I’ll tell you right out–I’m a man who likes talking to a man who likes to talk.” Sydney Greenstreet in The Maltese Falcon
That quote popped in my head during Three Thousand Years of Longing, as the film centers on two people hungry for dialogue. Over the course of two hours, stories become their currency. Alithea (Tilda Swinton) and Djinn (Idriss Elba) tell sad tales of loneliness and lost love, while director George Miller (Mad Max: Fury Road) paints their words on a canvas of a million colors. Longing is a visual feast–a treat for people who love to watch people who love to talk.
Based on the short story, “The Djinn in the Nightingale’s Eye” by A.S. Byatt, the film opens on Alithea, an intellectual woman somewhere in the midst of middle age. Early scenes show us a worldly soul, well-rounded and amiable. At the same time, Alithea has no partner, no children, and few close friends. Her narration assures that she is alone, but not lonely. And yet, a thin layer of sadness coats her words. An old proverb says we most regret the conversations we never have, and Alithea seems like the walking, talking embodiment of words unsaid. She’s alone, but she’s even lonelier than she appears.
We learn that Alithea is a traveling academic, and her lectures touch on how civilizations use mythology to explain what their grasp of science cannot. Meanwhile, she is hounded with visions of ghosts and demons, who seem to be lashing out at her. Alithea’s mind is rooted in logic, so she dismisses these hallucinations as the work of an overactive mind.
Naturally, the reality is a little different. At the Istanbul bazaar, Alithea is drawn to an iridescent blue bottle, and she decides to take it home. As she cleans the bottle at her hotel, a plume of purple smoke fills the room, and a giant humanoid creature springs from the open spout. He is a Djinn, a mythological figure sometimes referred to as a genie. As is custom, the Djinn tells Alithea that he is beholden to her, and she gets three wishes. He also closes the standard genie loopholes: She can’t ask for unlimited wishes, nor immortality or world peace.
With boundaries established, Alithea looks at this fantastic scenario with her standard clinical, chilly precision. What if she has no need for Djinn’s wishes? What if her heart’s desire is to keep her life exactly as it is? The Djinn is nonplused by her bland practicality, as her attitude means he will never be free. So, he tells Alithea the story of how he came to be trapped in the bottle, in the hopes his plight will change her heart and mind.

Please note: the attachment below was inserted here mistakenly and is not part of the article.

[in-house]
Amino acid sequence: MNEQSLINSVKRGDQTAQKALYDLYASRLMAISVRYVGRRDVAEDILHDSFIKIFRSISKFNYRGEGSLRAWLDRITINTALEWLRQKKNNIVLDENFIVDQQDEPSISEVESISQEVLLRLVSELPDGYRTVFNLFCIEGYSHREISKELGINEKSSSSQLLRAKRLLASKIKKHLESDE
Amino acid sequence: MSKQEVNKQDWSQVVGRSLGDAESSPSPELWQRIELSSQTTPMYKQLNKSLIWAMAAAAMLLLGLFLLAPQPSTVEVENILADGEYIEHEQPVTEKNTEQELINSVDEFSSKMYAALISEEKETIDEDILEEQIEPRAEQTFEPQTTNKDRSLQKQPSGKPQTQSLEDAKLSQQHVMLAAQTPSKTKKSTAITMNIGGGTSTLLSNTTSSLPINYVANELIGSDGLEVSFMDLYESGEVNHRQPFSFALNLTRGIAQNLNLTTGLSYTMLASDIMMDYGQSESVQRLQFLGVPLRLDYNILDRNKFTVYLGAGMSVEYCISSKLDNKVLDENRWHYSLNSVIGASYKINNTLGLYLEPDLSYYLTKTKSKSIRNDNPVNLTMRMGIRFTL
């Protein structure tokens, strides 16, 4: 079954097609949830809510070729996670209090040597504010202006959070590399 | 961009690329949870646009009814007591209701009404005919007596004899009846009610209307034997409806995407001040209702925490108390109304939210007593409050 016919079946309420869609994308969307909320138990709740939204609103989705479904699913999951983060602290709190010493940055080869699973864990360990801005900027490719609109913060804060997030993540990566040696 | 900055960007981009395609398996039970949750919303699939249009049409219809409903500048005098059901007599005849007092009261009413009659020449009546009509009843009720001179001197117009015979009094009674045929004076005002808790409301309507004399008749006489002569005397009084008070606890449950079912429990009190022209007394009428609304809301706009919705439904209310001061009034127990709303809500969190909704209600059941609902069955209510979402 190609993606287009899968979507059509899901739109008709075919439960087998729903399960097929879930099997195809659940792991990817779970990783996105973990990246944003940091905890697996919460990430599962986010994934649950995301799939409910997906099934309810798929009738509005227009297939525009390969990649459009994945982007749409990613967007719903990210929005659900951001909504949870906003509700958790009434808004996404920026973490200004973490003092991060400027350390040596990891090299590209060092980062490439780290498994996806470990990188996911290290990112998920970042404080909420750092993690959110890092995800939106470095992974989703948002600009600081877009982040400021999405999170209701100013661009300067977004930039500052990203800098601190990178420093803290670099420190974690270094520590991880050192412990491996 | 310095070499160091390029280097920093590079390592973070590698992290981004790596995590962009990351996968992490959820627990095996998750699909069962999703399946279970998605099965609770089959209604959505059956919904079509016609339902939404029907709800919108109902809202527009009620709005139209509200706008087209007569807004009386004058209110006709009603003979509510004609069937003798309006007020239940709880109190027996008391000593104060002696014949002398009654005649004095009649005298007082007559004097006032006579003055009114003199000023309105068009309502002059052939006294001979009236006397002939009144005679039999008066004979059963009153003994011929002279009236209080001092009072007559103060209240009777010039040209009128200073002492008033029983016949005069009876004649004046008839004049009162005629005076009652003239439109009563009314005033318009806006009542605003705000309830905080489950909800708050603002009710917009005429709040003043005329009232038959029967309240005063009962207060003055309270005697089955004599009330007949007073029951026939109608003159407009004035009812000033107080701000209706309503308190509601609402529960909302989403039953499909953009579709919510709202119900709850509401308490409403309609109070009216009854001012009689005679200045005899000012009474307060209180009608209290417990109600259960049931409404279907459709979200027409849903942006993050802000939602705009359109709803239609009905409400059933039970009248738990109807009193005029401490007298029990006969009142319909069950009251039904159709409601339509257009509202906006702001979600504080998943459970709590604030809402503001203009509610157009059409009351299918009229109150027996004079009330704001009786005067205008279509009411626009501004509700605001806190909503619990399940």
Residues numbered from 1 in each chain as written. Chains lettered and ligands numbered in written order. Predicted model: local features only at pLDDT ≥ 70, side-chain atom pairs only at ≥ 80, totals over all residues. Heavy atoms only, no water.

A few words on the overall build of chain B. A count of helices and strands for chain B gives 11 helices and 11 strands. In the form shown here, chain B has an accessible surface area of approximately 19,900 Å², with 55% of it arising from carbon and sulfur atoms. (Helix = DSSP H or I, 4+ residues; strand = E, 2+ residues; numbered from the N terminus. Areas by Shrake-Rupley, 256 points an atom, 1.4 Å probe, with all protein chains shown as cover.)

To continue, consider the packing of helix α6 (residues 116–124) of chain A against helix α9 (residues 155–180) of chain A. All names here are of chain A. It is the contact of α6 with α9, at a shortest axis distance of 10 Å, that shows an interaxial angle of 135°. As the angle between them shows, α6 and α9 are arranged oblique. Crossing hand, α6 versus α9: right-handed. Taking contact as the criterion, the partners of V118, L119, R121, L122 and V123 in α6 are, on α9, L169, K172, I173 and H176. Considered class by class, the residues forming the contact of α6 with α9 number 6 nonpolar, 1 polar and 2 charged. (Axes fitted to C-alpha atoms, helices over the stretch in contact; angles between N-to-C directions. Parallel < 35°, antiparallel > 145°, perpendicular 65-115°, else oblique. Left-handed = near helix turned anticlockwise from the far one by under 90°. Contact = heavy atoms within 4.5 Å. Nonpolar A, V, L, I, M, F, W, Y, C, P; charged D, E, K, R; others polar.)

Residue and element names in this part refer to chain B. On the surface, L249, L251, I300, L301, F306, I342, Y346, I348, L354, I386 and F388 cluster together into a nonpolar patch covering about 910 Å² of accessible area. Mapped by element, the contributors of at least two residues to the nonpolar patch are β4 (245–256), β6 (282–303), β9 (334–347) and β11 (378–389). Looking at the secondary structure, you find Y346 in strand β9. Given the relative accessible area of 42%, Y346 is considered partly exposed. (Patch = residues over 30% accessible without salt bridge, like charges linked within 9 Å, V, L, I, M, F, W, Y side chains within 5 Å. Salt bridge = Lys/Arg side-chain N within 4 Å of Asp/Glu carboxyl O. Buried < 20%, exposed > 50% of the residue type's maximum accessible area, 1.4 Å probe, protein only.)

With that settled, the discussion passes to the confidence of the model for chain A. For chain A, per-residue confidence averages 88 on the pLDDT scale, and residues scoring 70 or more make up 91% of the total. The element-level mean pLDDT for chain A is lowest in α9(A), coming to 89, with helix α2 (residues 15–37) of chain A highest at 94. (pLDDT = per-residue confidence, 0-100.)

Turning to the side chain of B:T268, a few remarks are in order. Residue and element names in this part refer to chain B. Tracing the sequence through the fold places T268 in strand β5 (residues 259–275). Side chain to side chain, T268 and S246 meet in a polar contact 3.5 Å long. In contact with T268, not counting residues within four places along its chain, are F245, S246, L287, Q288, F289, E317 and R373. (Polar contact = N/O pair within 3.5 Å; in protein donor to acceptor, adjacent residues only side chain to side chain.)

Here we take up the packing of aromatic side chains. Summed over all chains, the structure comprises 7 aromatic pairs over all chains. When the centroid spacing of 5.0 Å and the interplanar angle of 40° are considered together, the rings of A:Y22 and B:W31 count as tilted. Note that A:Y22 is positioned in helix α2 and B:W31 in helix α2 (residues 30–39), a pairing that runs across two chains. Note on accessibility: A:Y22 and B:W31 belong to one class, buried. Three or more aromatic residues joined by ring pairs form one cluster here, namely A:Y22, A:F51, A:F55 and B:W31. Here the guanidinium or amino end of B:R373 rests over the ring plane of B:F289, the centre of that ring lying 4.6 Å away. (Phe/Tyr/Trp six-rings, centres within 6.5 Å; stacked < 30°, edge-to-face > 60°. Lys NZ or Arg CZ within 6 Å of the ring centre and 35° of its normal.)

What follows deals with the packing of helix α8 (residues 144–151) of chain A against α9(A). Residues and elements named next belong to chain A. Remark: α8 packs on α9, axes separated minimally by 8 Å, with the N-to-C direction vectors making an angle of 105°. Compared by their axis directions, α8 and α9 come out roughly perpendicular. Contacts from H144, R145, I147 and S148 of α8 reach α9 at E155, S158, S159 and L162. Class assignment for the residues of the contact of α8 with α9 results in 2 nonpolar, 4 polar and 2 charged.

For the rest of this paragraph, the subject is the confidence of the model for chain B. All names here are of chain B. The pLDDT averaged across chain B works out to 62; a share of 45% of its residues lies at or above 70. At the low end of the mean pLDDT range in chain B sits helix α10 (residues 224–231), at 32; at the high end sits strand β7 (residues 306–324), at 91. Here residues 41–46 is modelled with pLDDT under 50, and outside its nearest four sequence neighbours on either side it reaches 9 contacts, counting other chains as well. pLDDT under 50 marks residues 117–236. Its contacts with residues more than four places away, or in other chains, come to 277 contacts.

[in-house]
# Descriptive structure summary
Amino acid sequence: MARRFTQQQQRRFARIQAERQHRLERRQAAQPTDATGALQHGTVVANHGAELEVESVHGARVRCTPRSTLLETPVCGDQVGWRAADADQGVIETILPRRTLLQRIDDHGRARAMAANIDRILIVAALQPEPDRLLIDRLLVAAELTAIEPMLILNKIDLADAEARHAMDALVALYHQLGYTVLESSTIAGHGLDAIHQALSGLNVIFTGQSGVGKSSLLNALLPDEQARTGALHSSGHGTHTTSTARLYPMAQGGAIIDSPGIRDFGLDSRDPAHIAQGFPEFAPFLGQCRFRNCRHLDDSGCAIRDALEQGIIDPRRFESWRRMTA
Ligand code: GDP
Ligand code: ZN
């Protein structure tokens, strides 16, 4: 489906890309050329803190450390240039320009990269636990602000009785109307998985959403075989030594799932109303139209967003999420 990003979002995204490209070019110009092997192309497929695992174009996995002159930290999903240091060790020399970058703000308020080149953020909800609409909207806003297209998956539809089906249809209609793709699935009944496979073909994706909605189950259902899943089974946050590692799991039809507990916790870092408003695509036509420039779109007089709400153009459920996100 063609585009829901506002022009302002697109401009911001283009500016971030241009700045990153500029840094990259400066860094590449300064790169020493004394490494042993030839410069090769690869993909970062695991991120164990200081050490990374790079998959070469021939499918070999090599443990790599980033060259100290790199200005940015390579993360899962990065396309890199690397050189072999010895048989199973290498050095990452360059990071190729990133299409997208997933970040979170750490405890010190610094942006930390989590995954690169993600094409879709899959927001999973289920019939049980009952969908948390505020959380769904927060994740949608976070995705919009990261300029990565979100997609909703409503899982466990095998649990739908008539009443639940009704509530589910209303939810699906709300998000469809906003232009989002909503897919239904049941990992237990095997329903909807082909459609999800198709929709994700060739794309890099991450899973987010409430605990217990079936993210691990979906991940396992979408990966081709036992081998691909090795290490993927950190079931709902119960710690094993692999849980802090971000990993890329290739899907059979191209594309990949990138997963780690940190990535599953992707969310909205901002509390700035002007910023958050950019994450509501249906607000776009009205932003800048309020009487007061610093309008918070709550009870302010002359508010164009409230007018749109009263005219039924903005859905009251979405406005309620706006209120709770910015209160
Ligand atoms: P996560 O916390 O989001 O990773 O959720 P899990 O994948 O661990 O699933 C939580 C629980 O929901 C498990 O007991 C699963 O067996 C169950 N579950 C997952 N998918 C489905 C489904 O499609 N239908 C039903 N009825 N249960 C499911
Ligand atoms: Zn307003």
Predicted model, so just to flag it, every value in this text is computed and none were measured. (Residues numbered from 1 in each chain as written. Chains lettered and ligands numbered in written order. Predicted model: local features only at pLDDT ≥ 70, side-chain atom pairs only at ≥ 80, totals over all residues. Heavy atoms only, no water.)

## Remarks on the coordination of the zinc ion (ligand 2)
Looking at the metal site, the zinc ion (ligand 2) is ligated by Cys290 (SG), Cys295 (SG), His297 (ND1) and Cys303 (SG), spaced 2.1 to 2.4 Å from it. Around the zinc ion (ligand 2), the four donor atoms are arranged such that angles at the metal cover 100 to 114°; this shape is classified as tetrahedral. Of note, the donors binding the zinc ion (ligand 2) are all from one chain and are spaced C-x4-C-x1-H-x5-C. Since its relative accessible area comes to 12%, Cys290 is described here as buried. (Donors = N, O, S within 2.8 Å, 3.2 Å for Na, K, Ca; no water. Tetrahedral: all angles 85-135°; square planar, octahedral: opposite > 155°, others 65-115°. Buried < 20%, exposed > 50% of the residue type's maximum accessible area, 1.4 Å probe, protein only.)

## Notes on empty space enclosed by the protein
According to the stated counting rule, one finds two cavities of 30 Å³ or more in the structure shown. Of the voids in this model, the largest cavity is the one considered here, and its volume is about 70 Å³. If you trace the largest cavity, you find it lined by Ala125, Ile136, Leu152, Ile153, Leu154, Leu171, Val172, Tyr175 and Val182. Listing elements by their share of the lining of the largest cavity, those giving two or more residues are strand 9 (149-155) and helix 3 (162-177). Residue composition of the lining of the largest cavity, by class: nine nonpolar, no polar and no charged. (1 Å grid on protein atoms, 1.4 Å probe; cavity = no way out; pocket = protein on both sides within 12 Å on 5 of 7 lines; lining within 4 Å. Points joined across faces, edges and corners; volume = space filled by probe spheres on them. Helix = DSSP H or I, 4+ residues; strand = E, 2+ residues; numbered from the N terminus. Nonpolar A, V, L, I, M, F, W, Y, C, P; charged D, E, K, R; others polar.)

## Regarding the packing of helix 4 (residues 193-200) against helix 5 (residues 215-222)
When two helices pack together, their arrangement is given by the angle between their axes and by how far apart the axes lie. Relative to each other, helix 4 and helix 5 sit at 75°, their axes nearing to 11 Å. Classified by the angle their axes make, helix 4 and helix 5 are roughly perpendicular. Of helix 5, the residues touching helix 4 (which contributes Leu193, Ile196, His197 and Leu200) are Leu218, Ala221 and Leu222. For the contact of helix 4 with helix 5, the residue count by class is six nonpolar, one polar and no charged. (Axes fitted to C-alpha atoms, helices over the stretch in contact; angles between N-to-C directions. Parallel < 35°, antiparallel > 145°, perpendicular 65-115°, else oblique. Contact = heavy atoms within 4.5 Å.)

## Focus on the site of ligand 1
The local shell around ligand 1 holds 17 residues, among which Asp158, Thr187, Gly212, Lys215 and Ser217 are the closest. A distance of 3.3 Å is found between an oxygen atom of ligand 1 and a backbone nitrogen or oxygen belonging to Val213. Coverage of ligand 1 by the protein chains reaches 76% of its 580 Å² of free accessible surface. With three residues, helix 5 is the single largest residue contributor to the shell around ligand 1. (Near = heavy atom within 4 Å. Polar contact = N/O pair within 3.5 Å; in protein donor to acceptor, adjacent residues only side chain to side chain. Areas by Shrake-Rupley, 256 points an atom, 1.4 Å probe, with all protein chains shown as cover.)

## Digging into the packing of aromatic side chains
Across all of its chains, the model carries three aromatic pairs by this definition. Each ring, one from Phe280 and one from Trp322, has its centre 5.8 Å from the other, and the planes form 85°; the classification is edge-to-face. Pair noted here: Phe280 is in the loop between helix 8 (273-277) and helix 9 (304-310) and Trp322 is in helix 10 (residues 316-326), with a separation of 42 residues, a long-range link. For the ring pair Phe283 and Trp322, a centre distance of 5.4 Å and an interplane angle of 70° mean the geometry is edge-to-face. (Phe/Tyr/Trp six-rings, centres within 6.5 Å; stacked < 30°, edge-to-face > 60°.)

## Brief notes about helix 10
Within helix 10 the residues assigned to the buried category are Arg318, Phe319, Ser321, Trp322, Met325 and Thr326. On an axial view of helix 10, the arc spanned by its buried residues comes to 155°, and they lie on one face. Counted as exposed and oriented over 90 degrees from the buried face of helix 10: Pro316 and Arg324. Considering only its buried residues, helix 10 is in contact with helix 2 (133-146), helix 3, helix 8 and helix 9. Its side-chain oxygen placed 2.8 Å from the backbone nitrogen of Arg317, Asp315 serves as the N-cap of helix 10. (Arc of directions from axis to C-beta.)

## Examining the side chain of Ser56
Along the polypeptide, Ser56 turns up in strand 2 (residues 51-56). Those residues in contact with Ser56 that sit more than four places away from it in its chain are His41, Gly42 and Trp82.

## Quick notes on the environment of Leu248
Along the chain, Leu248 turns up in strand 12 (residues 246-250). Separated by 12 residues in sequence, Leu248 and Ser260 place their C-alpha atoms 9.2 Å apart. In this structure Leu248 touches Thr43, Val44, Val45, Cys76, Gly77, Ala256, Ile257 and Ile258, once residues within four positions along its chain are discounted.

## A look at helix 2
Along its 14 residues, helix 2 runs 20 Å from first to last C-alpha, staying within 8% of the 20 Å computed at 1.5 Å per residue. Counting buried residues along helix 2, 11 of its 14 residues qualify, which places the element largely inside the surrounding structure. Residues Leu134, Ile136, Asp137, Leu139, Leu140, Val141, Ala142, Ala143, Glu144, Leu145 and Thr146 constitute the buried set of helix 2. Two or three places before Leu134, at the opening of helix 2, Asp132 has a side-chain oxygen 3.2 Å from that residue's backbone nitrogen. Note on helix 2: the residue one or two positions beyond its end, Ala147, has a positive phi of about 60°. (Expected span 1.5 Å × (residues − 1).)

This brings us to the meat of the plot, in which Djinn and Alithea reveal themselves. Director George Miller (who cowrites with Augusta Gore) weaves rich flashbacks into the fabric of the movie, deploying CGI and old-school film mastery to captivate our eyes and ears. We jump to different points in history, as the stories unfold in voiceover. I don’t want to reveal anymore, as much of this film’s magic lies within its sheer unpredictability.
Longing also captivates on the strength of its lead performances. Swinton plays Alithea as a torrent of contradictions: She’s cerebral and contained, but also unabashedly romantic. Her emotional independence and intellectual curiosity conceal a vulnerable and frightened woman underneath. As Djinn, Elba is empathetic and kind, but also restless and impulsive. He has formed an intense bond with anyone who’s ever released him, and Alithea is no exception. Every story about a genie in a bottle is a cautionary tale, and she’s convinced any made wishes will lead to her ruin. As Djinn grows fond of Alithea, he has to wonder: What if she’s right?
I’m a huge fan of Miller, and both actors. My own wish was for Longing to be a perfect movie–a balls-out masterpiece in the quality of Fury Road. Unfortunately, it falls just a little short. The first two acts are an exercise in bravura filmmaking, a rare symbiosis of storytelling savvy and the technical mastery to bring it all to life. But as the plot moves into its final stretch, some of the air sputters out of the balloon. Miller shifts down into conventional storytelling, and the result is a denouement that’s surprisingly staid. If Longing could’ve sustained its momentum all the way through, we might be looking at a movie for the ages.
Still, three-fourths of a masterwork beats the hell out of none at all. Most movies are limp, flavorless affairs, like a bland, collapsed soufflé. I’ll take the savory and sweet brilliance of Three Thousand Years of Longing any day of the week. This is a story told by people who love to talk, crafted into a movie by people who love movies.
108 min. R. In theaters.